In your presentation it was stated that work on establishing a Watershed Technical Working group has started, but it appeared that no meetings of this group have been held. We are concerned that licensees are beginning work in the watershed but have not developed the integrated list of water quality concerns as recommended and to be used in part to guide new work. We question whether any work in the field should commence without these key recommendations in place.
- “Numerous legacy issues associated with erosion and sediment delivery to Greata Creek and Peachland Creek were identified in this watershed. A plan to mitigate these issues should be developed.”
In your presentation, you mentioned you are dealing with legacy roads in areas that are being cut, but no mention was made of an overall strategy or plan for legacy road mitigation. Is there an overall plan for the watershed or is the work being undertaken ad hoc? Have the other agencies as noted in the report under this recommendation been contacted to begin this planning process?
- “Careful consideration should be given to the maintenance of healthy riparian areas that adequately buffer water courses from potential effects of forest development and other land uses.”
When asked by Mayor Fortin if you have stated minimums for riparian buffers it was reported that each of the licensees have standards that they work to. Is there an alignment of this standard between all licensees working in our watershed? Would all licensees agree to use the Ntityx Forestry standard they are developing for riparian buffers?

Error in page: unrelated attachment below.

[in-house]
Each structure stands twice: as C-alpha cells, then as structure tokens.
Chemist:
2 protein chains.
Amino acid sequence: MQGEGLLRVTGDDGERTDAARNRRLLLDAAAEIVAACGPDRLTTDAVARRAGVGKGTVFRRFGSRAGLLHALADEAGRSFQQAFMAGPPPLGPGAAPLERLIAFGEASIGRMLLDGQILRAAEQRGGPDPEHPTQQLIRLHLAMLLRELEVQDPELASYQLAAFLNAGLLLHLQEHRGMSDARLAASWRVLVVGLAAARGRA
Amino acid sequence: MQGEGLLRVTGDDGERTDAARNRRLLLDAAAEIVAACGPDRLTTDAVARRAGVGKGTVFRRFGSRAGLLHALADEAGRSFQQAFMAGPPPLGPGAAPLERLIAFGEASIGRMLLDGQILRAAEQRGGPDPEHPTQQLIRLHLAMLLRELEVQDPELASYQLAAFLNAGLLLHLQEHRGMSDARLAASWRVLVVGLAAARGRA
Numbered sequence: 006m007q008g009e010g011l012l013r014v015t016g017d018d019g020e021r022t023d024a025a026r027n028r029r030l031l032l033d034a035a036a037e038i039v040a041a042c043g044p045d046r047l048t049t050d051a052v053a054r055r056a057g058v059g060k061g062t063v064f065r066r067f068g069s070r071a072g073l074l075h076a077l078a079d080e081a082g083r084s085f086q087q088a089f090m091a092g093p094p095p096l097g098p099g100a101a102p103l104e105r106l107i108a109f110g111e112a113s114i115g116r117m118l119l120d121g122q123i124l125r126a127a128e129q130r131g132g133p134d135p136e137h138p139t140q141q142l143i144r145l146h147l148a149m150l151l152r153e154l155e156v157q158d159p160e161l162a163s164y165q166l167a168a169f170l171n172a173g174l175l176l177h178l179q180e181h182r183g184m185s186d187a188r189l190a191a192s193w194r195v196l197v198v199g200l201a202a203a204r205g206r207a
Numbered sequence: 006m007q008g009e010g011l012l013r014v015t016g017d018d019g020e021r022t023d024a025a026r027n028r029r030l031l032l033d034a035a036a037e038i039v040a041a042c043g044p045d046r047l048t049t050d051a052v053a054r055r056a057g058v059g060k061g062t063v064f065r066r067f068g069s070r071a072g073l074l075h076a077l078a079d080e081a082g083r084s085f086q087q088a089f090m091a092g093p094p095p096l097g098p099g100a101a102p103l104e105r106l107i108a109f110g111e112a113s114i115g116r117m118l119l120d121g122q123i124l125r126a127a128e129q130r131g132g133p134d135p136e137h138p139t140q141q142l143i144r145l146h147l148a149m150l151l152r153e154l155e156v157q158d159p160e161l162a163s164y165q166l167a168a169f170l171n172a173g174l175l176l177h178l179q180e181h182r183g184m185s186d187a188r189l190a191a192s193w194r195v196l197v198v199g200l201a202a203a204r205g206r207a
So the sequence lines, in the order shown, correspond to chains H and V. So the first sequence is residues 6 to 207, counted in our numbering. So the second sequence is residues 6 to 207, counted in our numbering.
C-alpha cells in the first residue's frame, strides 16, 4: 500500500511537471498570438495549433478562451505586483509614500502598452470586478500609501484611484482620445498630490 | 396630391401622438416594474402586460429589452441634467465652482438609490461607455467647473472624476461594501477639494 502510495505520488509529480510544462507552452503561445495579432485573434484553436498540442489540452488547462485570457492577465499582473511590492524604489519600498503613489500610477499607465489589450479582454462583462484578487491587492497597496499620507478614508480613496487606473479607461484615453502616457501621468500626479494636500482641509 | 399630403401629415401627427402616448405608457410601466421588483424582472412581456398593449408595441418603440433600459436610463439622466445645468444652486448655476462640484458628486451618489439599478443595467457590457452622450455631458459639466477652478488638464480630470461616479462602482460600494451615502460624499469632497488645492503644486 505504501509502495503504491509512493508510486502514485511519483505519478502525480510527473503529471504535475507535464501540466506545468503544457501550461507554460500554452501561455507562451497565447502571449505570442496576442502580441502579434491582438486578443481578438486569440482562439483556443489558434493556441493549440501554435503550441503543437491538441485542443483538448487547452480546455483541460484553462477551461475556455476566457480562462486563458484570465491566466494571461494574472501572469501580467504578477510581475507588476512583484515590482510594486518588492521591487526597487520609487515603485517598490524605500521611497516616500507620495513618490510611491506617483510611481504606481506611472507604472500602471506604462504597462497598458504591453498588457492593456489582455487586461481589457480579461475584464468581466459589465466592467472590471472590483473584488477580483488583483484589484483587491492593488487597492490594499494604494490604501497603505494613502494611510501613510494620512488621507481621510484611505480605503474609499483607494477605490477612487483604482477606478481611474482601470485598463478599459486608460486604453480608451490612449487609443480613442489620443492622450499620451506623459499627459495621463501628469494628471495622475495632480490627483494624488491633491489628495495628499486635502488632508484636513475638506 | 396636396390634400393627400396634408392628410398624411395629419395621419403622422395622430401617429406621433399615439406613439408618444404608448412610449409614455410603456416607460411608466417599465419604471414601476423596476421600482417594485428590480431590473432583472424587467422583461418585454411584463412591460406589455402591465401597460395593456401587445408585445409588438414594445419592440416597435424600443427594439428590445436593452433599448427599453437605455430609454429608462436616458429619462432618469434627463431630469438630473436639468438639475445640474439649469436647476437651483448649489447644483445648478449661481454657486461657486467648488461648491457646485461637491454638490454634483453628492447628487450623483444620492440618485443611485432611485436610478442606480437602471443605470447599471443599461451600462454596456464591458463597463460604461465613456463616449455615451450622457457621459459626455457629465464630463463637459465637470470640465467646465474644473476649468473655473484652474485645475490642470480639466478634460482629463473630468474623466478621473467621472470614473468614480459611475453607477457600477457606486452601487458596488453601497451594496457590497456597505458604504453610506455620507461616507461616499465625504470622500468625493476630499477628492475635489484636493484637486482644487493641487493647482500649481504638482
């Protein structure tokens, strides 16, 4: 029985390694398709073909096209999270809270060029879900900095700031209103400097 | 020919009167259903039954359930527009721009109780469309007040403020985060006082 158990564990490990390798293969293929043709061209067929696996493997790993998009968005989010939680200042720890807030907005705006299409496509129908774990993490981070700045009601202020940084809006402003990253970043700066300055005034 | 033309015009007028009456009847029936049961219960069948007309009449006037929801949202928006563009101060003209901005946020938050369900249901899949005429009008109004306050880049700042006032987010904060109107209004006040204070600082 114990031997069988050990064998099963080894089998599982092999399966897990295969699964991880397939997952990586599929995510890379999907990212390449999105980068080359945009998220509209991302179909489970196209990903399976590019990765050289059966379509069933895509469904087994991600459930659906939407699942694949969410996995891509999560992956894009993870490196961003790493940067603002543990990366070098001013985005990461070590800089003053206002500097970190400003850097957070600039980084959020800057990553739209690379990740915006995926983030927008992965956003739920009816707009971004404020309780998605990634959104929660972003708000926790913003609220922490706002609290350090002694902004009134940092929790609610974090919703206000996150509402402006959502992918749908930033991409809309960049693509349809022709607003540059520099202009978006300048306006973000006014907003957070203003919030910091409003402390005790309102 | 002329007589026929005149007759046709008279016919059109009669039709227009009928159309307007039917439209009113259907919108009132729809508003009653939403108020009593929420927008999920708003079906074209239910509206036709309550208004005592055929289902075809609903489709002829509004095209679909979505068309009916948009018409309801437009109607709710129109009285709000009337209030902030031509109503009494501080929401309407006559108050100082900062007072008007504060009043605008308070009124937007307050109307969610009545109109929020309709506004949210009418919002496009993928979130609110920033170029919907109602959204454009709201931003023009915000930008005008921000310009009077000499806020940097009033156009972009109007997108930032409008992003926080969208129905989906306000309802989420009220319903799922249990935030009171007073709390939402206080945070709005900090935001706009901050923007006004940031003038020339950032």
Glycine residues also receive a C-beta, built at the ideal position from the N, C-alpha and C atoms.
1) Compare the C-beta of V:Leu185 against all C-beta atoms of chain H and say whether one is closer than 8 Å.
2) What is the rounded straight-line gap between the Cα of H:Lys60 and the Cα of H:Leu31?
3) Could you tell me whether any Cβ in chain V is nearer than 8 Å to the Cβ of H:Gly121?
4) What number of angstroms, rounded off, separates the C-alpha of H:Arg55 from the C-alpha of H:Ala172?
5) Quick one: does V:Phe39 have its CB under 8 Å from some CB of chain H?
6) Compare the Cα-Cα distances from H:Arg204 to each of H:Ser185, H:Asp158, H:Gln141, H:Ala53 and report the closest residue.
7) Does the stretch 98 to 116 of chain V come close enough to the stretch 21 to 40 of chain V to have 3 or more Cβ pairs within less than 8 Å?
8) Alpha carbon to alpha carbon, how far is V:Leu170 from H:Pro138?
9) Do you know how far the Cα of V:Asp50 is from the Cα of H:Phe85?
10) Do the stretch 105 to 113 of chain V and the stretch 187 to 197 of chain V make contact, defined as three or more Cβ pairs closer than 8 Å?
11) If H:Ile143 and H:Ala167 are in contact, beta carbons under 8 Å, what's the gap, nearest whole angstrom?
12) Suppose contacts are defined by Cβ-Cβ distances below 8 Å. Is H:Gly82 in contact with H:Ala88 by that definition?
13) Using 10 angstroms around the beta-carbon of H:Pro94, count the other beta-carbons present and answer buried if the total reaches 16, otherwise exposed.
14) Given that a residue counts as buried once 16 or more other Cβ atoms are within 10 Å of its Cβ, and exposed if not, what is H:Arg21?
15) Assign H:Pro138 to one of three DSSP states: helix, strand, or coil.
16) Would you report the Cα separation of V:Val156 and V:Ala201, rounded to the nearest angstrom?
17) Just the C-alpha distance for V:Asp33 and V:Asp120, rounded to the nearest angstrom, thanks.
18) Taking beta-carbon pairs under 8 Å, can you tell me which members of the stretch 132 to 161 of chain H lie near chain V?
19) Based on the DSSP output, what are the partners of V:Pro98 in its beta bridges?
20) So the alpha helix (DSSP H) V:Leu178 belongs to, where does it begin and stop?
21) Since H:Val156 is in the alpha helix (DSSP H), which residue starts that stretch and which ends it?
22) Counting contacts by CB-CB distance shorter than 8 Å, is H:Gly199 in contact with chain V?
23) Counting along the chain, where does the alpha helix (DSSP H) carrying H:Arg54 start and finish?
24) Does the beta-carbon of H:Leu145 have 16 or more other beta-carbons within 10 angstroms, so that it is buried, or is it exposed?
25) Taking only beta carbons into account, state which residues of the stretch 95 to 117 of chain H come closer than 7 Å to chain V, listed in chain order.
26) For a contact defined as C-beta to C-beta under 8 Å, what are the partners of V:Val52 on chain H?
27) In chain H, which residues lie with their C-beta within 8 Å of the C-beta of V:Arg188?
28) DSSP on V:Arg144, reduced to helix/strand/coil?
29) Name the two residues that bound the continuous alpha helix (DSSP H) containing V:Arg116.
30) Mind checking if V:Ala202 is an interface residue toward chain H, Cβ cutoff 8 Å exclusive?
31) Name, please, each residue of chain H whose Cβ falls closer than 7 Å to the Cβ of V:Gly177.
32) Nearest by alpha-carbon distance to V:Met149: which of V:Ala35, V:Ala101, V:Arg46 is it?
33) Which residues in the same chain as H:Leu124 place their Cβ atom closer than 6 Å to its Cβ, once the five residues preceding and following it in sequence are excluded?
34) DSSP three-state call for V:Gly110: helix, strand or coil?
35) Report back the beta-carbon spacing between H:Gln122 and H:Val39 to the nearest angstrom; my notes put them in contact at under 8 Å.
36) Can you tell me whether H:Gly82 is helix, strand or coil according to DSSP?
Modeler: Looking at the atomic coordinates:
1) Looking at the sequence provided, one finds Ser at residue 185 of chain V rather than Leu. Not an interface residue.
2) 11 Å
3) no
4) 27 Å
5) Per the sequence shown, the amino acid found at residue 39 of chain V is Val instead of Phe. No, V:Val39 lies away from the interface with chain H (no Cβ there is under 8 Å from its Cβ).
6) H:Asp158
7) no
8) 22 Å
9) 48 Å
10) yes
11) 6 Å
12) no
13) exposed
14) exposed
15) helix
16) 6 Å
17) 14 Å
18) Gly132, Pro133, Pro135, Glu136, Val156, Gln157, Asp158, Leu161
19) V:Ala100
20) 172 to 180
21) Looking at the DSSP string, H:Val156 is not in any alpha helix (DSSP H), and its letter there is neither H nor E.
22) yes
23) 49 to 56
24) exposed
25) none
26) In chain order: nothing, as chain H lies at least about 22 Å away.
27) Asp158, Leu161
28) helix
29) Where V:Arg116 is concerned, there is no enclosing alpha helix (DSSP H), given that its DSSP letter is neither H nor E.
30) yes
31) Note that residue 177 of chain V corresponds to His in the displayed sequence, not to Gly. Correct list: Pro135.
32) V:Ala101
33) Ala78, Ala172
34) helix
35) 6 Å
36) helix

- “a list (refer to Section 4.3) of cut blocks and associated access roads were highlighted as requiring further on the ground assessment or planning to ensure increased surface erosion or delivery of sediment is minimized”
Of the list in Section 4.3, which cut blocks are currently planned to be developed in the next five years and has the ground work as noted in this recommendation been undertaken?
- Munroe FSR was noted in the presentation to be under application to be moved to Ministry responsibility. What does that mean with respect to the implementation of sediment mitigation which is recommended to be a priority – or has the work been completed?
- In 2017 a 120 m portion of Peachland Creek was relocated to the east of the valley bottom to prevent further undercutting of unstable slope situated below the Munro FSR. The banks of the relocated section of channel are currently exposed and are a source of sediment to Peachland Creek. The channel banks will likely stabilize with vegetation over time but are currently Peachland Creek Community Watershed Assessment Final (Revised) Report – November 5, 2018 27 considered a high surface erosion hazard since mineral soil is currently exposed that is directly connected to the stream channel. o High surface erosion potential (high erosion potential and high sediment delivery) o Recommendation: Channel banks should be stabilized with grass seed, vegetation and additional riprap. Has the work noted under this recommendation been completed?
We thank you in advance for your time and considered response.
Janice Liebe and Alison Moore
Co-chairs, Peachland Watershed Protection Alliance
cc: Mayor and Council, District of Peachland
Joe Mitchell, CAO, District of Peachland
Shawn Grundy, Chief Operations Officer, District of Peachland
Kevin Kreise, Chair BC Forest Practices Board
Doug Donaldson, Minister, FLNRO
The Peachland View
PWPA Board and Members